The contour lines never cross, as a point on the map cannot have two different elevations at the same time.
The farther the contour lines appear on the map, the smoother the slope of the earth is. The closer the contour lines appear, the more inclined the terrain will be.
Where the contour lines get very close, and almost precipice occurs. If the relief is a vertical cliff, the contour lines almost come together and can look as if they are merging.
Pending cliffs can have one line crossing over the other (this is the only time those lines can cross), with one line appearing as dotted.
Be aware, however, that smaller cliffs can occur between the contour lines, even in areas with smooth slopes.
A cliff 15 feet high, for example, along a flow channel or due to minor faults, would not necessarily show whether that cliff lies between two contour lines, especially if they have a longer contour gap.
What Is the Importance of Topographic Maps?
Topographic maps are an important tool because they can represent the three-dimensional landscape in two dimensions.
A person who can read a map from the top can discover the location of peaks, valleys, mountain intervals, and saddles, among other land features.
Topo maps can also show whether you are traveling up or down a specific road or trail.
Elevations on an upper map are marked with contour lines, which connect equal elevation points. Imagine walking around a mountain in a circle, never going up and down the hill, but staying at the same altitude.
If you followed the path, you would have a contour line on a map. The contour lines are usually separated by 40 vertical feet, but you should check the map you are using to be sure, and each fifth contour line is usually marked with an actual elevation.
The shape of the contour lines can indicate the shape of the landforms in a specific area.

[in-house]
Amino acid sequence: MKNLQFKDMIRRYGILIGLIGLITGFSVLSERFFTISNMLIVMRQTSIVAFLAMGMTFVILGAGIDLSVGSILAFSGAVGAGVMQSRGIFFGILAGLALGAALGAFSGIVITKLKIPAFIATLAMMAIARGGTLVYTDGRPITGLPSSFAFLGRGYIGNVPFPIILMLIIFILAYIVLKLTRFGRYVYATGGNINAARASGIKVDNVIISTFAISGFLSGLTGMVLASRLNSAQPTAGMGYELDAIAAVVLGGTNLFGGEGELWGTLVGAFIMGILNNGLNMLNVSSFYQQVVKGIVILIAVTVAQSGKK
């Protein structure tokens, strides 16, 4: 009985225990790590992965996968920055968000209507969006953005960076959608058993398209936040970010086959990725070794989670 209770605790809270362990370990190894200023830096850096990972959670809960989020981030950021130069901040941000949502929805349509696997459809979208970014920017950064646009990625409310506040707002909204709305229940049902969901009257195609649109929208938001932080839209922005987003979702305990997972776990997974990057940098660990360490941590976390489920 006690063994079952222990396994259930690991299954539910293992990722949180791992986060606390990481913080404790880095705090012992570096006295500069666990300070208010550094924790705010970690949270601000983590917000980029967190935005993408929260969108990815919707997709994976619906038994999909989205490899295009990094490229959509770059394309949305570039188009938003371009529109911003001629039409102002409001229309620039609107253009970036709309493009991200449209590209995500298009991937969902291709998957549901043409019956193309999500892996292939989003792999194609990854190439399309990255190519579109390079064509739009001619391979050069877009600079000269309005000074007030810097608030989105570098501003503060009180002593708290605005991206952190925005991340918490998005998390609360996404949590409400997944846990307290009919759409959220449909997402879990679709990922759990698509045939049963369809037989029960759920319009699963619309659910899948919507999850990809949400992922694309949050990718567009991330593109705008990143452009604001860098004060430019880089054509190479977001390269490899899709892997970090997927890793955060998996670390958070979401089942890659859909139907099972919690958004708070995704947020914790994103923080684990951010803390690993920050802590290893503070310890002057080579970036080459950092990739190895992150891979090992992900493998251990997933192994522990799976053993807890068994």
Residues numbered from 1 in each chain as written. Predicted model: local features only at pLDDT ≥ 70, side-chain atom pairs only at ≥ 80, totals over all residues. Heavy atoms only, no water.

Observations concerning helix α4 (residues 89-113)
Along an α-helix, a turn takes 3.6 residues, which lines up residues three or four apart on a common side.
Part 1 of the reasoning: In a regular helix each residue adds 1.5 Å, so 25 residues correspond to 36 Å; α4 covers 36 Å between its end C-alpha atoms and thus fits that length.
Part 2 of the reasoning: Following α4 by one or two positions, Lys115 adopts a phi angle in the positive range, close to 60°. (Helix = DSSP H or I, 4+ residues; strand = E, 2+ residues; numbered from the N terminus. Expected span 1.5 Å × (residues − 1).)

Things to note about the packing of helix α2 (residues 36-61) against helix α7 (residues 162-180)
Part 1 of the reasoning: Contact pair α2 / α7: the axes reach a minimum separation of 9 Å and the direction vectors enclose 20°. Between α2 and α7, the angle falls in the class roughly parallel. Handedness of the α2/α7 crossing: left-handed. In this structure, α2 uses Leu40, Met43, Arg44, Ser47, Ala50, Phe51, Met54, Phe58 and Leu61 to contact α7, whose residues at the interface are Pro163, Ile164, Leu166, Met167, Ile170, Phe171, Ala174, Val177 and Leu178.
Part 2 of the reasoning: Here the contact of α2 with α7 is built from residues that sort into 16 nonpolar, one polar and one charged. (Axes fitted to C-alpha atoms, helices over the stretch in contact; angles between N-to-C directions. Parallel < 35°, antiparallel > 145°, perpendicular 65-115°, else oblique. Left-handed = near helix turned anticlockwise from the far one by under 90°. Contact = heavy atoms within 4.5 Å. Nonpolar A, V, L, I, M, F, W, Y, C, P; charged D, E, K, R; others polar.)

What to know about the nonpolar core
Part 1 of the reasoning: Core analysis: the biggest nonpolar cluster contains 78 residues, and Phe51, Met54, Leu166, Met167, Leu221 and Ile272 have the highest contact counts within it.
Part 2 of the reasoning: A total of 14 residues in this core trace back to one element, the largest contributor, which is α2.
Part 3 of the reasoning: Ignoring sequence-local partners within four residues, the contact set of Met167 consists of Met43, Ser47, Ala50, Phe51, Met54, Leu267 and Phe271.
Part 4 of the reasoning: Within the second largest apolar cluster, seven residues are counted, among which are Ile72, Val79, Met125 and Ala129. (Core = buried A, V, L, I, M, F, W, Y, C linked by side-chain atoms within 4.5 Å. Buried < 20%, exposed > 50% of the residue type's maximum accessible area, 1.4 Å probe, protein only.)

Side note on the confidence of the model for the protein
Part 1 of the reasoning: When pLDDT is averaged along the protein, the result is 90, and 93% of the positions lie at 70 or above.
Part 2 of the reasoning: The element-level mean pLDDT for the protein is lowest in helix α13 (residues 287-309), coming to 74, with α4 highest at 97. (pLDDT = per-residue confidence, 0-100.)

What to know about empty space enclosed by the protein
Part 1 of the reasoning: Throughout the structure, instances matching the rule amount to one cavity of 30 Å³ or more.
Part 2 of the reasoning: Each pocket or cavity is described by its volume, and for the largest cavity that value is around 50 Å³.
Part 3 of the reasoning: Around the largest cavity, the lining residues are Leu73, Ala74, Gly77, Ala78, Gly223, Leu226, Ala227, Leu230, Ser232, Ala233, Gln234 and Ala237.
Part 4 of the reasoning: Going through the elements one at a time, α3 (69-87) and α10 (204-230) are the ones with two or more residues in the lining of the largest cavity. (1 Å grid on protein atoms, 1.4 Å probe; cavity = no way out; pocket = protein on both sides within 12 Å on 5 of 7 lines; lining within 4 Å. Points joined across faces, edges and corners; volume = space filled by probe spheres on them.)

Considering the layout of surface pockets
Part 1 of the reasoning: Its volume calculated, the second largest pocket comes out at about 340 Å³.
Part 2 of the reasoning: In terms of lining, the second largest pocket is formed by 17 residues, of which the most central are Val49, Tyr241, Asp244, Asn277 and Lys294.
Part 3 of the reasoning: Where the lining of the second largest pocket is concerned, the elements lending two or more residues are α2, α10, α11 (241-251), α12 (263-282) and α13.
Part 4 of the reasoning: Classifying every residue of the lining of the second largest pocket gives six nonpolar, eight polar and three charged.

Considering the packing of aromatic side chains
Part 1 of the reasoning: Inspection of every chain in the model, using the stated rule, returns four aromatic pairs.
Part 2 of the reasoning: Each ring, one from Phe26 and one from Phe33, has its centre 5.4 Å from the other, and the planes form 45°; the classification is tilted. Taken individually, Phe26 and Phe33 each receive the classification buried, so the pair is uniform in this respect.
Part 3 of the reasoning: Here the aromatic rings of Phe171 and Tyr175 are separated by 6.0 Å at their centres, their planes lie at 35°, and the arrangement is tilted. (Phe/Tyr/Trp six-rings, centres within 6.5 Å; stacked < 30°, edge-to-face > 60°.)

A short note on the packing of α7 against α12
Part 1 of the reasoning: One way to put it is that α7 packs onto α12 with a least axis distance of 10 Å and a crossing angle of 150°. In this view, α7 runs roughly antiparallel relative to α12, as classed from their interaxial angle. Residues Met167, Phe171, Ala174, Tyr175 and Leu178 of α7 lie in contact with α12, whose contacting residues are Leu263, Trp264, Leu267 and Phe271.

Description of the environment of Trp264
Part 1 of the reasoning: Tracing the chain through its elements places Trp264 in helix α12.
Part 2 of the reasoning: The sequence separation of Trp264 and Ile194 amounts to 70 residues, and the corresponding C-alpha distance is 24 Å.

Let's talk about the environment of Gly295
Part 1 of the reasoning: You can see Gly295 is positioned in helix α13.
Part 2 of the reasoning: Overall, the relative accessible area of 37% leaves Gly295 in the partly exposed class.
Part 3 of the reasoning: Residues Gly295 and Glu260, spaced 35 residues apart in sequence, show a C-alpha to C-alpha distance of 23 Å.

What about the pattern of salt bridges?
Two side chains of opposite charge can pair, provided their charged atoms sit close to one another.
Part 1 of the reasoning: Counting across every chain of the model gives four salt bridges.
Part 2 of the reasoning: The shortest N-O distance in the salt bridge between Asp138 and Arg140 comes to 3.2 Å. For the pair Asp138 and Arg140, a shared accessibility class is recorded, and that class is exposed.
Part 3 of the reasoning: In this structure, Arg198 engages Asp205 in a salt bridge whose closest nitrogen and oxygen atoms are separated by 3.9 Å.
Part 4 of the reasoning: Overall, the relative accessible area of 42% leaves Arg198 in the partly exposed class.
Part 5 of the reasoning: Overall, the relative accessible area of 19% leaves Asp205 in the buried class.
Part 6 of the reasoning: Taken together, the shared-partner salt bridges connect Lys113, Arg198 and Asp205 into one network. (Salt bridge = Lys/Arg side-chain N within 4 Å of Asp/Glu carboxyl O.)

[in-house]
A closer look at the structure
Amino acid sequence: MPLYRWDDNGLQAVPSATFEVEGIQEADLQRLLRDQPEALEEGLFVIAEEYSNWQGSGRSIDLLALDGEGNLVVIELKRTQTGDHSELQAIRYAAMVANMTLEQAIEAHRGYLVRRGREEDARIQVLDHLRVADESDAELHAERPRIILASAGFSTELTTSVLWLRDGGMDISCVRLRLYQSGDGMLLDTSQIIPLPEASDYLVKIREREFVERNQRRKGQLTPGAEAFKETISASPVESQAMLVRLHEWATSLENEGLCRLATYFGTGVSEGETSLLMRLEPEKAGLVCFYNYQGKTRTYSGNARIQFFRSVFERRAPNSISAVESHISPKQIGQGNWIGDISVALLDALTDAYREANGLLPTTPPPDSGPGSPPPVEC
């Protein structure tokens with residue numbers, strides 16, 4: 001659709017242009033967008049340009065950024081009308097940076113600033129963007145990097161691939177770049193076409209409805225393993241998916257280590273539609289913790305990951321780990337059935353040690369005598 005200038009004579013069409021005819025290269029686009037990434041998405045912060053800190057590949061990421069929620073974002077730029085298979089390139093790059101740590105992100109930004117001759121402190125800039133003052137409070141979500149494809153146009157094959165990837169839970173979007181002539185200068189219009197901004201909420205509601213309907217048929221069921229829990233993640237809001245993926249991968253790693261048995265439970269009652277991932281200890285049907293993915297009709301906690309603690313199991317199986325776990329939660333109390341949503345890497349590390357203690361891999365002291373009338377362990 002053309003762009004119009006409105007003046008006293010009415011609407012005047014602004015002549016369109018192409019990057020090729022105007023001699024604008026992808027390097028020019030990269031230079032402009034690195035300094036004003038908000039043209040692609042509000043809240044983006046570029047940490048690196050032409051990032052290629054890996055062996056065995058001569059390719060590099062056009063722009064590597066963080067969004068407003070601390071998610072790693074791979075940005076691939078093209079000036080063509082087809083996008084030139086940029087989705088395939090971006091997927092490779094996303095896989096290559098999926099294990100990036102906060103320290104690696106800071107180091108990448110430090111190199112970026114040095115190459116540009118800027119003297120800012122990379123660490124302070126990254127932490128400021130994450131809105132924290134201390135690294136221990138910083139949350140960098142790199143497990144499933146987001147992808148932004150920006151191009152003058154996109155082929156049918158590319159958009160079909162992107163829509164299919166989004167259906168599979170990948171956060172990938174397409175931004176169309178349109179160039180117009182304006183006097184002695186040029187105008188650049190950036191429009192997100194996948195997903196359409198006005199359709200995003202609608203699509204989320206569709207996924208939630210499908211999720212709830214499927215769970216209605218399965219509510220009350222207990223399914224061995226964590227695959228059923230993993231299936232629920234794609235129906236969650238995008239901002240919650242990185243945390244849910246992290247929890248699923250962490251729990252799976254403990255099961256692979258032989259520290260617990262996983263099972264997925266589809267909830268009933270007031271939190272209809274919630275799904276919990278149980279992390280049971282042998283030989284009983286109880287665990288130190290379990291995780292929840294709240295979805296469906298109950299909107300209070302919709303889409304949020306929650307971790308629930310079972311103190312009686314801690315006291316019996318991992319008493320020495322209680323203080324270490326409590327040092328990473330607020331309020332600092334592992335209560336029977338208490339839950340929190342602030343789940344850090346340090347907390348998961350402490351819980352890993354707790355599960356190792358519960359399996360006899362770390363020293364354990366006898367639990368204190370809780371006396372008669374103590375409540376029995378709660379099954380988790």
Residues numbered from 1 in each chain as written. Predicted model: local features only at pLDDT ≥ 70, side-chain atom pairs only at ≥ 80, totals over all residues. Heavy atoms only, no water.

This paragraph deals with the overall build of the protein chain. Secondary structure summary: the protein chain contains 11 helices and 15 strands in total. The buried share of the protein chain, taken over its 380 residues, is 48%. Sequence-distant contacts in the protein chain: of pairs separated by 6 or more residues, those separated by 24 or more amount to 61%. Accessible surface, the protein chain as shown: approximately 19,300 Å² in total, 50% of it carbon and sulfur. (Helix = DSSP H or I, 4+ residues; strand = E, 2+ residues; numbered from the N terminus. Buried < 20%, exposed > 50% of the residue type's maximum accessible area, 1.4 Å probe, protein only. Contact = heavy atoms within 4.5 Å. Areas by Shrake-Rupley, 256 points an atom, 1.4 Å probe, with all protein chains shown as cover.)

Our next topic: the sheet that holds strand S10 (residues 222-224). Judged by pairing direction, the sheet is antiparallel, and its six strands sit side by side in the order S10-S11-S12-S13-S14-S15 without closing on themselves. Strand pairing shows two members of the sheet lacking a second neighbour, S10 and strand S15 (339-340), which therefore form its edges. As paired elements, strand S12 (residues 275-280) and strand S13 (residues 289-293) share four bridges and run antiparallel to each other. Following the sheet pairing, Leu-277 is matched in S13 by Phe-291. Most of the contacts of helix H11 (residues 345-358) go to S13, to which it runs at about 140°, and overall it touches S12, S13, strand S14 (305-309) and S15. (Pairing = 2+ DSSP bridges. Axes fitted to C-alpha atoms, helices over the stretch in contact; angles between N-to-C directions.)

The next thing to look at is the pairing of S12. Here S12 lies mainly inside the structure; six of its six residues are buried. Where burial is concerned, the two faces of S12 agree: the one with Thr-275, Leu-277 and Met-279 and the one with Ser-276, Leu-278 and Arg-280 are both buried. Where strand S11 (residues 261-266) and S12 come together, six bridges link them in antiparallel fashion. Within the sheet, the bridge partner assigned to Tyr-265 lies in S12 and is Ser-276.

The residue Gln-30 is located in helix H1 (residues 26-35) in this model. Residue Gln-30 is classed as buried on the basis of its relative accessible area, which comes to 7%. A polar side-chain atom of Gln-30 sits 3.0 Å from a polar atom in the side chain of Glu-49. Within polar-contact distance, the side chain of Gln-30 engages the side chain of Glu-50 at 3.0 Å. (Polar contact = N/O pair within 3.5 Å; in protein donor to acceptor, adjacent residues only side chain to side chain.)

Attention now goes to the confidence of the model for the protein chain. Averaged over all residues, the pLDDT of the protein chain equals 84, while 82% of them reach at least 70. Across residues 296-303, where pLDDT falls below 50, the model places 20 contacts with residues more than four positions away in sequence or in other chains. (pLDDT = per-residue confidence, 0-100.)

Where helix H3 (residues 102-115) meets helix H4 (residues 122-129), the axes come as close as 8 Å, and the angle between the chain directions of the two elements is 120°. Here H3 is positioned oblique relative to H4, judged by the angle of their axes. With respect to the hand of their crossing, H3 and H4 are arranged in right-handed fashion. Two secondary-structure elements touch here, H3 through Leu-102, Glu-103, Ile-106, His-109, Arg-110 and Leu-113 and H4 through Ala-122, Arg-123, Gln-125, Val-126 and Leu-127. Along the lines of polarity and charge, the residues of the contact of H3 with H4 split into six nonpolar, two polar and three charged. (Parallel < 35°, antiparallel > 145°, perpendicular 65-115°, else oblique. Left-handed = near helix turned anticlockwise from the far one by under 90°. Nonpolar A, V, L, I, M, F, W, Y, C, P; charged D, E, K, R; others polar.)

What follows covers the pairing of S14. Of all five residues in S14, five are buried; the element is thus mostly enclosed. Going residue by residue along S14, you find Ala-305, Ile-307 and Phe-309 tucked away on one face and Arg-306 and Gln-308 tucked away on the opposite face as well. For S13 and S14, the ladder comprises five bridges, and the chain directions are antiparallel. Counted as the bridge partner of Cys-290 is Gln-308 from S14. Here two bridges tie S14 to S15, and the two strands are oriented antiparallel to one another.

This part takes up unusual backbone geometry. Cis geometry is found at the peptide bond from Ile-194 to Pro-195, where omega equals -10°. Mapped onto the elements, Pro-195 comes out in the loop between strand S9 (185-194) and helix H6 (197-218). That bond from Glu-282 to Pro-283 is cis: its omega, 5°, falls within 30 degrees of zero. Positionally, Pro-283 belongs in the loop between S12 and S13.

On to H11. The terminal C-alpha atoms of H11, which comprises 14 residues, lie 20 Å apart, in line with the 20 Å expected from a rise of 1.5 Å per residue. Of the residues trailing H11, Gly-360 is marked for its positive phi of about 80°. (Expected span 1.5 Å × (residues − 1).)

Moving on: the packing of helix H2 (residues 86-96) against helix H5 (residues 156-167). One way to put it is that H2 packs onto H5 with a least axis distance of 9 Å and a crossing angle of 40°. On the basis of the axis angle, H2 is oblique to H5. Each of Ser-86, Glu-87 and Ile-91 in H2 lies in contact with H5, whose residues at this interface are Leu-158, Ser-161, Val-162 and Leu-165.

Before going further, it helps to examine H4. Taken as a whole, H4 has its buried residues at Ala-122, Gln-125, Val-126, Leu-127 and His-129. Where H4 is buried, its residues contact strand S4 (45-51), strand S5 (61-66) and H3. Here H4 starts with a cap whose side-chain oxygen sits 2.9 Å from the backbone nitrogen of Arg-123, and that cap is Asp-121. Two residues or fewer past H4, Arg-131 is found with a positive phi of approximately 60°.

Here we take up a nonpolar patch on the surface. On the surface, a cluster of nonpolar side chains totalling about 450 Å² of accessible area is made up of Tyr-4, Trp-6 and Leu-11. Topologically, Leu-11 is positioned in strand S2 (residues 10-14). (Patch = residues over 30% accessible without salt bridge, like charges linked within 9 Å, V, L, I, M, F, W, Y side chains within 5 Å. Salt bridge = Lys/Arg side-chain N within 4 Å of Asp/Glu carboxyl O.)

For example, concentric circles show a peak, with the smallest circle marking the summit.
The contour lines next to each other indicate that the land is very steep, while the scattered contour lines show that the land is relatively flat.
The contour lines surrounding two peaks – or two sets of concentric circles – may indicate the presence of a saddle or space between the peaks.
Topographic maps across the country were produced by the US Geological Survey, which began surveying land to create these maps in 1879.
Today, the USGS has created more than 54,000 maps, which form the basis of most commercially available topographic maps today.
USGS topographic maps also show features that you would see on regular road maps, including roads, dirt roads, cities, and structures. The maps also show power lines, rivers, glaciers, and mines.
Orienting the Map
To combine a topographic map with the surrounding landscape, which will allow you to identify features such as mountains and rivers, it is important to ensure that the map is oriented correctly.
You can quickly orient the map using a compass and the “compass rose” found on the map, which will have an arrow pointing north.
Align the compass needle, which points north, with the arrow on the wind rose, rotating the map if necessary.